Observatories have wrestled for decades with the questions how to measure their importance to the astronomical
community, what their scientific impact is, and how their performance in that respect compares to that of other
observatories. There is a general sense that the answer is to be found in the publication record - specifically, in the
refereed journal articles. However, simple parameters (such as the number of papers) are not helpful, because in isolation
(applied to a single observatory) they are meaningless, while in comparison between observatories they are subject to
external influences that all but invalidate the comparisons.
We were fortunate in having the Chandra X-ray Observatory's bibliographic database with its rich variety of metadata
available as a resource for experimenting with more sophisticated metrics. Out of this project we propose a modest set
that contains meaningful information when viewed in the isolation of a single observatory as well as in comparison with
other observatories. Even so, we urge users not to draw conclusions on the basis of the face value of the comparisons,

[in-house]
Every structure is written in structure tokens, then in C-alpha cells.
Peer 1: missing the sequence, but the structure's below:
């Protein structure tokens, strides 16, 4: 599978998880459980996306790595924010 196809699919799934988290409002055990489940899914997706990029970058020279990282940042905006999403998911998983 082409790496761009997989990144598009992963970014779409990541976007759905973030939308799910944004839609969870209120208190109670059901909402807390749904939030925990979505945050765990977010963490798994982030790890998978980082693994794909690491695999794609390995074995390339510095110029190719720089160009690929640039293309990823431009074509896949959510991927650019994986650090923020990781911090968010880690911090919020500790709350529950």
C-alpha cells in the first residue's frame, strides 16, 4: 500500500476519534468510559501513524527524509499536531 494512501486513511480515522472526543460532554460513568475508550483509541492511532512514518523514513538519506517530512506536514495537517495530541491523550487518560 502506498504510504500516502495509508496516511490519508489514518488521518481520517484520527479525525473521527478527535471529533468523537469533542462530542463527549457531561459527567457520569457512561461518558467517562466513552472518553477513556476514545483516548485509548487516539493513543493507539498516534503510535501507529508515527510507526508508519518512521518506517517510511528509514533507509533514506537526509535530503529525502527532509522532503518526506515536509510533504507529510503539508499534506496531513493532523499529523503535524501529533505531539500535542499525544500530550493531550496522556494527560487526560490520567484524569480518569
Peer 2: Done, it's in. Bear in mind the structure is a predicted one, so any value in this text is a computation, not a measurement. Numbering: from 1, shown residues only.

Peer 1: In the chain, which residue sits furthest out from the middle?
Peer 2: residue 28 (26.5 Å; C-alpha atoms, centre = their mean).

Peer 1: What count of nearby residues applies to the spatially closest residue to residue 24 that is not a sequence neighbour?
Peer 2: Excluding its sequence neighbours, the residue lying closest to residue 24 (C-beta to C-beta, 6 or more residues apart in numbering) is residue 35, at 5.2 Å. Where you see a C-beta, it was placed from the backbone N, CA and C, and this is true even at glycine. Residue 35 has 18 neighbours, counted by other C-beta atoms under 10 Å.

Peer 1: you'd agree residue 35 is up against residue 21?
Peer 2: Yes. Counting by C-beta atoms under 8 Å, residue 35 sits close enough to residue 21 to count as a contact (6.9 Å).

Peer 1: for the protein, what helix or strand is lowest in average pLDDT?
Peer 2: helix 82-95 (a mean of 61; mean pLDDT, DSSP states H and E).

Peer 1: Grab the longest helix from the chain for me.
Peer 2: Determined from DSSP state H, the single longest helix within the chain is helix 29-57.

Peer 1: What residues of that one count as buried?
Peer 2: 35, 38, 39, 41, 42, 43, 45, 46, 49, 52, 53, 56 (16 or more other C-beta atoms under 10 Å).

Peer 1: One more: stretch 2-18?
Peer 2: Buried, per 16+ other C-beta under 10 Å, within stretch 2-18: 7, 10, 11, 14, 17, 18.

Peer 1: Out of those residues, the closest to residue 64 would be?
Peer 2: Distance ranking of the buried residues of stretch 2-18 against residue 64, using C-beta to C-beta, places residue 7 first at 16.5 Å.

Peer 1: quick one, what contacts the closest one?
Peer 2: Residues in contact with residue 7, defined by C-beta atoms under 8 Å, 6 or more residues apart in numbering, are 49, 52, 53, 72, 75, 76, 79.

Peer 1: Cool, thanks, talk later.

but only after a serious analysis of potential causes for any differences or similarities.
We have designed our metrics to provide useful information in three main areas of interest: speed of publication; fraction
of observing time published; and archival usage. The basic measured parameters are the percentage of available
observing time published as a function of the data's age, at a few specific age values; the median time it takes to publish
observations; and similar parameters for multiple publications of the same observations.
Citation of results is a fourth category, but it does not lend itself well to comparisons and defies the search for definite